An EWD system consists of a server system accessed by browser clients.
The Server may run Apache or a Node-js Server (or both to be strictly correct). As such it must have a domain-name or IP address on the LAN or the Internet.
Usually an EWD-based system will operate securely using https:// protocol and therefore use SSH as a component of the server. See details of how it uses port 443 typically to encrypt messages transmitted between client browser and server over what my be the public Internet or a private (hospital) Intranet (LAN - local area network plus or minus wireless linkages. See EWD Network and SSH.
An Apache web server can be a complex topic in itself because of the multitude of features and modes available in this amazing open source product. Once configured, however, it just works and need not worry the developer after a system is set up and configured. Getting there is managed in the dEWDrop Virtual Machine or by AstroVistA debian-type installer.
Instead of apache, a Node js Web Server may be used as a component of EWD.
M_Gateway is a component which runs on the server and maps the incoming URLs to GTM as special EWD references instead of other web-requests to the server. It is analogous to older CGI requests which were mapped in early web systems to be interpreted by the Apache to create html pages from databases with 'variable' data instead of being fixed web html pages. EWD references by the browser take the form:
https is the protocol used to invoke SSH secure transmission for the request to the EWD server. 192.168.1.150 is a typical LAN IP address of the EWD server (in lieu of a domain name). vista/ is a specific string - a code to invoke the EWD system to process the rest of the URL. See M_Gateway. MyApp/ represents an EWD-App/EWD Application - a set of EWD code pages working together, compiled by EWD. MyPage.ewd has the specific extension .ewd and is a container page or Starting page of the EWD subsystem
The M_Gateway component is a low-level extension of the Apache server which triggers Run-time EWD. The "vista" here in the URL triggers EWD-Runtime with the rest of the URL at the back end of Apache.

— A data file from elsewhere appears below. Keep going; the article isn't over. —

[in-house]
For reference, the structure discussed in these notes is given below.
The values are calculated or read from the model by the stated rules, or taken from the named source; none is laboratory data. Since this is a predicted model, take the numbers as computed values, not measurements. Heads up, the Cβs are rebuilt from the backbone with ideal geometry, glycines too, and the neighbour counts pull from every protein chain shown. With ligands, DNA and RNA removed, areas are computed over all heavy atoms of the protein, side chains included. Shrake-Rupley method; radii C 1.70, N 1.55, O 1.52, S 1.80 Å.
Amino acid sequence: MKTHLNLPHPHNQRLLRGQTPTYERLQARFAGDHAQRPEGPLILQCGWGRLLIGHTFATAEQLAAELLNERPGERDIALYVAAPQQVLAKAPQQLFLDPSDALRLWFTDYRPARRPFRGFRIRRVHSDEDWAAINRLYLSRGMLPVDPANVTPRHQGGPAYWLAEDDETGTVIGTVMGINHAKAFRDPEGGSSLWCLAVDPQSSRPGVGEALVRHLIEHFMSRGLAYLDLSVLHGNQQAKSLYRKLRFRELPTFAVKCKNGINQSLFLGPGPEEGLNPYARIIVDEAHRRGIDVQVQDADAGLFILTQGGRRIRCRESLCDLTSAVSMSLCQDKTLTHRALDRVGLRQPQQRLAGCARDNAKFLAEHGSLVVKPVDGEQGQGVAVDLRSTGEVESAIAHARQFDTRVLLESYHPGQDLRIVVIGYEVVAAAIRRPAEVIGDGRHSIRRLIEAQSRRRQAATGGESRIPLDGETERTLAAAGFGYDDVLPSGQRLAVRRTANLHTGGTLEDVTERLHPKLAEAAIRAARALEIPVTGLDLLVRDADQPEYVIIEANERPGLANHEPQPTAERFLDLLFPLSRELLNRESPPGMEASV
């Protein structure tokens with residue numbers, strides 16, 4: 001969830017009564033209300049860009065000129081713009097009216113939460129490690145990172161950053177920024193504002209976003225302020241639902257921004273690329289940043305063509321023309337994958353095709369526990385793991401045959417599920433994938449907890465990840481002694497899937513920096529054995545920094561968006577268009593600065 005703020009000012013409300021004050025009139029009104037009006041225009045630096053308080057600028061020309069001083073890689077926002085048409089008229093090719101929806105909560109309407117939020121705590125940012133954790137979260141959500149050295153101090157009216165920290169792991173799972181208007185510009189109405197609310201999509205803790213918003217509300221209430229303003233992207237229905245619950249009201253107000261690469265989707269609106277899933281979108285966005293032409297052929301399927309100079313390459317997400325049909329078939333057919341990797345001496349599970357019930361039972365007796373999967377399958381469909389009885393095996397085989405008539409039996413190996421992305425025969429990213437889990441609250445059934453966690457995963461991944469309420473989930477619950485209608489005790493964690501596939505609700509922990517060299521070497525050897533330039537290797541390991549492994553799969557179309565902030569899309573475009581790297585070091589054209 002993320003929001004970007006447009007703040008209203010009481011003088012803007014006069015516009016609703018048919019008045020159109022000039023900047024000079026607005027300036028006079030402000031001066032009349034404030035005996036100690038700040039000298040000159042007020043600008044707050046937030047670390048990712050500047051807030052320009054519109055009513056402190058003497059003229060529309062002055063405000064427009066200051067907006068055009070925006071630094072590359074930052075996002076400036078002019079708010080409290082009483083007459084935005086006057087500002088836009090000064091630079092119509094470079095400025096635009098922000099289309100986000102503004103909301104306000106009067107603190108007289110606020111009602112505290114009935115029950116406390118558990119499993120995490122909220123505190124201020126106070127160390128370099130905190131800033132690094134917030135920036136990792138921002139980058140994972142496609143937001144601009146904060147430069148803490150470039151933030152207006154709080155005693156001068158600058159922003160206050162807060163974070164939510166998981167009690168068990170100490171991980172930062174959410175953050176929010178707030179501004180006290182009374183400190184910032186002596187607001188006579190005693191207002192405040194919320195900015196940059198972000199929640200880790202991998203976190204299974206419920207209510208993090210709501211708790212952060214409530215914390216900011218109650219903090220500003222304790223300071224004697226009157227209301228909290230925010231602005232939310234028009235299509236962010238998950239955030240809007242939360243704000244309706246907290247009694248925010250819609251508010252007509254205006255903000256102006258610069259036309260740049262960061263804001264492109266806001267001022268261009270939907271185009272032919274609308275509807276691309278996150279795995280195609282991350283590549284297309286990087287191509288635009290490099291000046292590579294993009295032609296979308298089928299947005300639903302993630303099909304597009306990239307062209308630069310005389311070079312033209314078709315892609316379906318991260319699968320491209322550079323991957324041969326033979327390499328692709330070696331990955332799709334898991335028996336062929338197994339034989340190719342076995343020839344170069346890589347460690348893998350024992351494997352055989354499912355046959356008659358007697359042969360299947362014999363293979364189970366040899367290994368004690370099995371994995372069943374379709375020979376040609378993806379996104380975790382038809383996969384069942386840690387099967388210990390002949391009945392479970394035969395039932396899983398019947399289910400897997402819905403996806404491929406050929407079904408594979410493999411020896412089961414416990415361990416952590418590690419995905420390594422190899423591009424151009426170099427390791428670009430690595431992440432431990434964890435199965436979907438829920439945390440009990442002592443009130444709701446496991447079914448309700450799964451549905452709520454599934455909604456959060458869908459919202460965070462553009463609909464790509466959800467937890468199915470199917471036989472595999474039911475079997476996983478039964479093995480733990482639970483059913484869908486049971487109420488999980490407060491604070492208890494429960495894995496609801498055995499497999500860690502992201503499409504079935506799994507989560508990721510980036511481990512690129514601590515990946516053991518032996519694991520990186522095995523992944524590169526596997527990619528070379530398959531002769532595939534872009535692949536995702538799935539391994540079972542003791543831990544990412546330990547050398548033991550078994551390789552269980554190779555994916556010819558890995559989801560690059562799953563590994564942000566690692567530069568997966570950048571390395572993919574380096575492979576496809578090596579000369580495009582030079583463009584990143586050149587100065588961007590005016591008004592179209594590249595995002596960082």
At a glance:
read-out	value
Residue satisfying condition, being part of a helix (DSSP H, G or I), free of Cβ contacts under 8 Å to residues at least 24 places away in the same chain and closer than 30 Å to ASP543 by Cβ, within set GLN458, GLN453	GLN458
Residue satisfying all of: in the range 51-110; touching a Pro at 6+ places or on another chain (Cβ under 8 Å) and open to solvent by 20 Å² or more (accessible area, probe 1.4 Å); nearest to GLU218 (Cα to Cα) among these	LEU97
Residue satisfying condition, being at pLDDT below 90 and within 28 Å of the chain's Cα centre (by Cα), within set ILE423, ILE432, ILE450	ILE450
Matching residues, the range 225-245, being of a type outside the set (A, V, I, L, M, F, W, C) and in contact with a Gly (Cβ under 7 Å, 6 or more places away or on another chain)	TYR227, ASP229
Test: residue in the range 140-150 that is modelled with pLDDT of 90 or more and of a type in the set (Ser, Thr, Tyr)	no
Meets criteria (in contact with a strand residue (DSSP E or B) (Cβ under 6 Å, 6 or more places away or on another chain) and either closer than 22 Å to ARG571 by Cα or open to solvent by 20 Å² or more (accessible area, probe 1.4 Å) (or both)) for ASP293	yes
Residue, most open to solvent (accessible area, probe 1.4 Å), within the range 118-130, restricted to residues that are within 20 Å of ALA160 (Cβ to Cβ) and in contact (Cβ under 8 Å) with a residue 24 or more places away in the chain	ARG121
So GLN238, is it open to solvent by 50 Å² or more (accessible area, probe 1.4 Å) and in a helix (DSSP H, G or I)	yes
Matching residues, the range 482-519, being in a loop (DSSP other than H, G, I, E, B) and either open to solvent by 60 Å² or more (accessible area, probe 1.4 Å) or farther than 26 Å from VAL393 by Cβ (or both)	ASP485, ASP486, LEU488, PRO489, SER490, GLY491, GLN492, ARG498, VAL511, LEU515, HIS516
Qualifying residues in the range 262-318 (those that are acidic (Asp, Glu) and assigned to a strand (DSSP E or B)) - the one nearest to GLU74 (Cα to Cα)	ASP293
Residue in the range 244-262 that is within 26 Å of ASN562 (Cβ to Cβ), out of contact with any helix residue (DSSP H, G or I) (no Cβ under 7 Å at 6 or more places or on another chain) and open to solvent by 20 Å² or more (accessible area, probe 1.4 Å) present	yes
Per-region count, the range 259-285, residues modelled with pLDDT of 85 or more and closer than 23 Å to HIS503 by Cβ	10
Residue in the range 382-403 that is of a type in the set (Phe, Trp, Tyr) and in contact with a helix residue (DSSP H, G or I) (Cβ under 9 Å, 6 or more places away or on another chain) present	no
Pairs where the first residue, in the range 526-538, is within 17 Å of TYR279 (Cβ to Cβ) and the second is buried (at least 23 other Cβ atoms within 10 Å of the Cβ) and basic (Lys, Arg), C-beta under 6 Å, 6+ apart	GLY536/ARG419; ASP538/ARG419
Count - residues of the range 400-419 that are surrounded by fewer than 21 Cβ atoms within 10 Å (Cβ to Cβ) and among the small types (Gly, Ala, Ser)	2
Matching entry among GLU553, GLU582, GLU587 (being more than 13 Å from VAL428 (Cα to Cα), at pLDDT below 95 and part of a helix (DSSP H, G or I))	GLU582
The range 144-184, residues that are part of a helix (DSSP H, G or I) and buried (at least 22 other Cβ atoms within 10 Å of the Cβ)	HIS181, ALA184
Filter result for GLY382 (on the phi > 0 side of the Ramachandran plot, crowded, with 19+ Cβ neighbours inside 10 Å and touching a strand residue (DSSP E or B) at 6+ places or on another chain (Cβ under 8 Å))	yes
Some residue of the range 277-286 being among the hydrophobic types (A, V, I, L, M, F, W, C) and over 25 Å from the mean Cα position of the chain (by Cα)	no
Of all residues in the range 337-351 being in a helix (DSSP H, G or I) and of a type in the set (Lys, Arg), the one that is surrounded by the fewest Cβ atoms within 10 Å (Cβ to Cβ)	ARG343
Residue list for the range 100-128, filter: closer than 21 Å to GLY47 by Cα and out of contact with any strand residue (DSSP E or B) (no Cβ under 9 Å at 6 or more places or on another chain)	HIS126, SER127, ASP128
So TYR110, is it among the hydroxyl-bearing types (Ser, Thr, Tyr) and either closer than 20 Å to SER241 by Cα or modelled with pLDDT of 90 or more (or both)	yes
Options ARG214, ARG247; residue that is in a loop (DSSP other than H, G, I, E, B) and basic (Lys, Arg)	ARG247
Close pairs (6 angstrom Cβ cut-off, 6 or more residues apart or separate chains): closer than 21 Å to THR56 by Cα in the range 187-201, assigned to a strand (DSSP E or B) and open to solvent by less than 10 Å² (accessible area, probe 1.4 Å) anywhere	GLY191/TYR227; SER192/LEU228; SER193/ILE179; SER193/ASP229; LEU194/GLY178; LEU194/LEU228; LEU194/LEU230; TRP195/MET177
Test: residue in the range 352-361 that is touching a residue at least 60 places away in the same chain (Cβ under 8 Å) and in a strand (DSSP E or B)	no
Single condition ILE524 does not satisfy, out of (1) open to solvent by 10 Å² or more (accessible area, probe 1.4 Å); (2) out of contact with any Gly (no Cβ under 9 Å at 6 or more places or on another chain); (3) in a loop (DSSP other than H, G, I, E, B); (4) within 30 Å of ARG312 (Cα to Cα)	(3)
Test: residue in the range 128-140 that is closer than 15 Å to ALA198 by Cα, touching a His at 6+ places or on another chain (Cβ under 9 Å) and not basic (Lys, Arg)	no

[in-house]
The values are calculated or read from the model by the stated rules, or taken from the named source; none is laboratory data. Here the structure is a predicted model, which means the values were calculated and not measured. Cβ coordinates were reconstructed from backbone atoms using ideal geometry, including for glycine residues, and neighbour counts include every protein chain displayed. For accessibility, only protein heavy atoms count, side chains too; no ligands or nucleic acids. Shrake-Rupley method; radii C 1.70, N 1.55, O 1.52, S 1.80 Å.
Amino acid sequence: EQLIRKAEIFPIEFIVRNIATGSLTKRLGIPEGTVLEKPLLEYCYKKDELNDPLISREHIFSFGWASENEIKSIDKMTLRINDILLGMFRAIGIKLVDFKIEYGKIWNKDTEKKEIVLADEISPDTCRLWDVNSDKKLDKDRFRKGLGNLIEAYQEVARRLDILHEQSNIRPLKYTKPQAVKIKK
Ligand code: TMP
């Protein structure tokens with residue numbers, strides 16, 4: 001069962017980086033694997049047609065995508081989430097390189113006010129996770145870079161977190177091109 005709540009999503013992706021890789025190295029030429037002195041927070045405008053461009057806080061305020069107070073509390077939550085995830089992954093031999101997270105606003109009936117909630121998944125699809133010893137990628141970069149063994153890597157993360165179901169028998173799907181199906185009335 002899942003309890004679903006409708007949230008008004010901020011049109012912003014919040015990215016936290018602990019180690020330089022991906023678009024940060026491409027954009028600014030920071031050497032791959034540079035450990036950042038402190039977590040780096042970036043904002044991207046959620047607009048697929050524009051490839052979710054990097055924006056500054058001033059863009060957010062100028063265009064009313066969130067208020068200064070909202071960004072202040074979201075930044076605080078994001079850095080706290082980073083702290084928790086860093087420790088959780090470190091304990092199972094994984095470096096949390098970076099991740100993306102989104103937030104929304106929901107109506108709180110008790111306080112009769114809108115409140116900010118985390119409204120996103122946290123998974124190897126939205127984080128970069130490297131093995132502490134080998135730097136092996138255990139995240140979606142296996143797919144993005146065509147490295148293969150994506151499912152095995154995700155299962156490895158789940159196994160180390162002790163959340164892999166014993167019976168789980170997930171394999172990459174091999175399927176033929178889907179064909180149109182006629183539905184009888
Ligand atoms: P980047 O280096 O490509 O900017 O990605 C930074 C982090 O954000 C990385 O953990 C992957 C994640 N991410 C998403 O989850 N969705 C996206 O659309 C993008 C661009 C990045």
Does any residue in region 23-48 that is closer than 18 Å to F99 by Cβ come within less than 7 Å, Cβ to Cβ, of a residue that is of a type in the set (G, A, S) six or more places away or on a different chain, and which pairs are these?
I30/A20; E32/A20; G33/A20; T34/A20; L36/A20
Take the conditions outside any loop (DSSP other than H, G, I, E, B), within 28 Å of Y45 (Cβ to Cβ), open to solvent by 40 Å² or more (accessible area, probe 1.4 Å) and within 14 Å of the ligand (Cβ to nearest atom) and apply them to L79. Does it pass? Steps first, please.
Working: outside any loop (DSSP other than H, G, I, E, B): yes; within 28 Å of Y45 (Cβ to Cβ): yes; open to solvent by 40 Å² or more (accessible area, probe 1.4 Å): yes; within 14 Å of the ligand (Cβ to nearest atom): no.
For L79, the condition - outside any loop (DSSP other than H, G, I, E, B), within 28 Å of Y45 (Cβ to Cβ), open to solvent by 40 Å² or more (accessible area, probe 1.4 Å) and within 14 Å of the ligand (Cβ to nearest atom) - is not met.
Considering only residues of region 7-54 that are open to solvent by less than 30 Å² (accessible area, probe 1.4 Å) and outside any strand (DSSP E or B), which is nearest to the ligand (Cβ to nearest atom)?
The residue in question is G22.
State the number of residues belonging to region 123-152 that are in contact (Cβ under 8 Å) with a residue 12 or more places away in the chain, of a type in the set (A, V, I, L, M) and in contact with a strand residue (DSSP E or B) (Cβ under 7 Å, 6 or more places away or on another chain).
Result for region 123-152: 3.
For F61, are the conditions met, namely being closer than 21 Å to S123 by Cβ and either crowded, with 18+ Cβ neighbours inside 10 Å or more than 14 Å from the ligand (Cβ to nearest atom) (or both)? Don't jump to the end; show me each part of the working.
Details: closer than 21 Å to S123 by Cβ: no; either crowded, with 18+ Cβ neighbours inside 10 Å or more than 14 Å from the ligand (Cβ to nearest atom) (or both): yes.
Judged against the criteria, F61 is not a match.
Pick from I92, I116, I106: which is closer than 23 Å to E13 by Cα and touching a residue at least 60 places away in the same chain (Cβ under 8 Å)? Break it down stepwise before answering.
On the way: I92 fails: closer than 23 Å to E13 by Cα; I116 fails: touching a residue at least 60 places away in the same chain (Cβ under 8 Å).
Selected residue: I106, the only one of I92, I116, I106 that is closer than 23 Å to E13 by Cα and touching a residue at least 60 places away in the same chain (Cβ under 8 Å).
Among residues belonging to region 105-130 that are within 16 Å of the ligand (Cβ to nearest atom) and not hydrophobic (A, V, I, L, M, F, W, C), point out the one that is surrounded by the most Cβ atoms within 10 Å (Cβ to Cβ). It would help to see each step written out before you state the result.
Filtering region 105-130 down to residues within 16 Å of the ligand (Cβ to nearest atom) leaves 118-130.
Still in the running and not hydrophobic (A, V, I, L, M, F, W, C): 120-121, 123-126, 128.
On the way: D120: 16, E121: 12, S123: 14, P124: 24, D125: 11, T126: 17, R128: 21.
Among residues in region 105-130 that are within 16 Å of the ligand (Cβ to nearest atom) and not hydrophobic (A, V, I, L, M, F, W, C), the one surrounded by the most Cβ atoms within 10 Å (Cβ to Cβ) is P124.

EWD Pages are simple text files which have the file-extension *.ewd are high level tag-based code which are Compiled by EWD into functioning Mumps Routines (MRoutines) which are executed by the runtime portions of EWD.
EWD does this via Custom-Tags which are logical extensions of EWD. Rob Tweed developed the set of custom-tags which invoke extJS and Sencha Touch, but any developer can similarly develop custom-tags for other Frameworks or special Functions such as DOJo or to link directly with VistA on the backend.
The EWD Compiler is written in MUMPS and thus is invoked as a MUMPS Routine, for example by the M Command:
The EWD Compiler uses the NameSpace ^%zewd*. GTM source MRoutines are files _zewd*.m and GTM Object MRoutines are _zewd*.o. Note the % within MUMPS MRoutine Names is transformed to Underscore in Linux (which does not allow the % character in its filenames). GTM source files, the MUMPS source code are plain text files with extension *.m and GTM compiles these to corresponding files *.o which are invoked at GTM Runtime into running Linux processes composed of a number of MRoutines which reference each other. The fileName is the MUMPS RoutineName.
These files are scattered among a number of Linux Folders/Directories and this configuration of folders may be a source of confusion for the EWD Developer and are discussed in EWD Folders and Files.
EWD manages a number of otherwise sticky problems with web-based multiuser interactions between client browser and EWD server with the gtm mumps backend database. These include:
Creating a logical user-state in the server and browser in a stateless network at the TCP/IP level. Encrypting internal page references to prevent illegitimate entrance by unauthorized clients.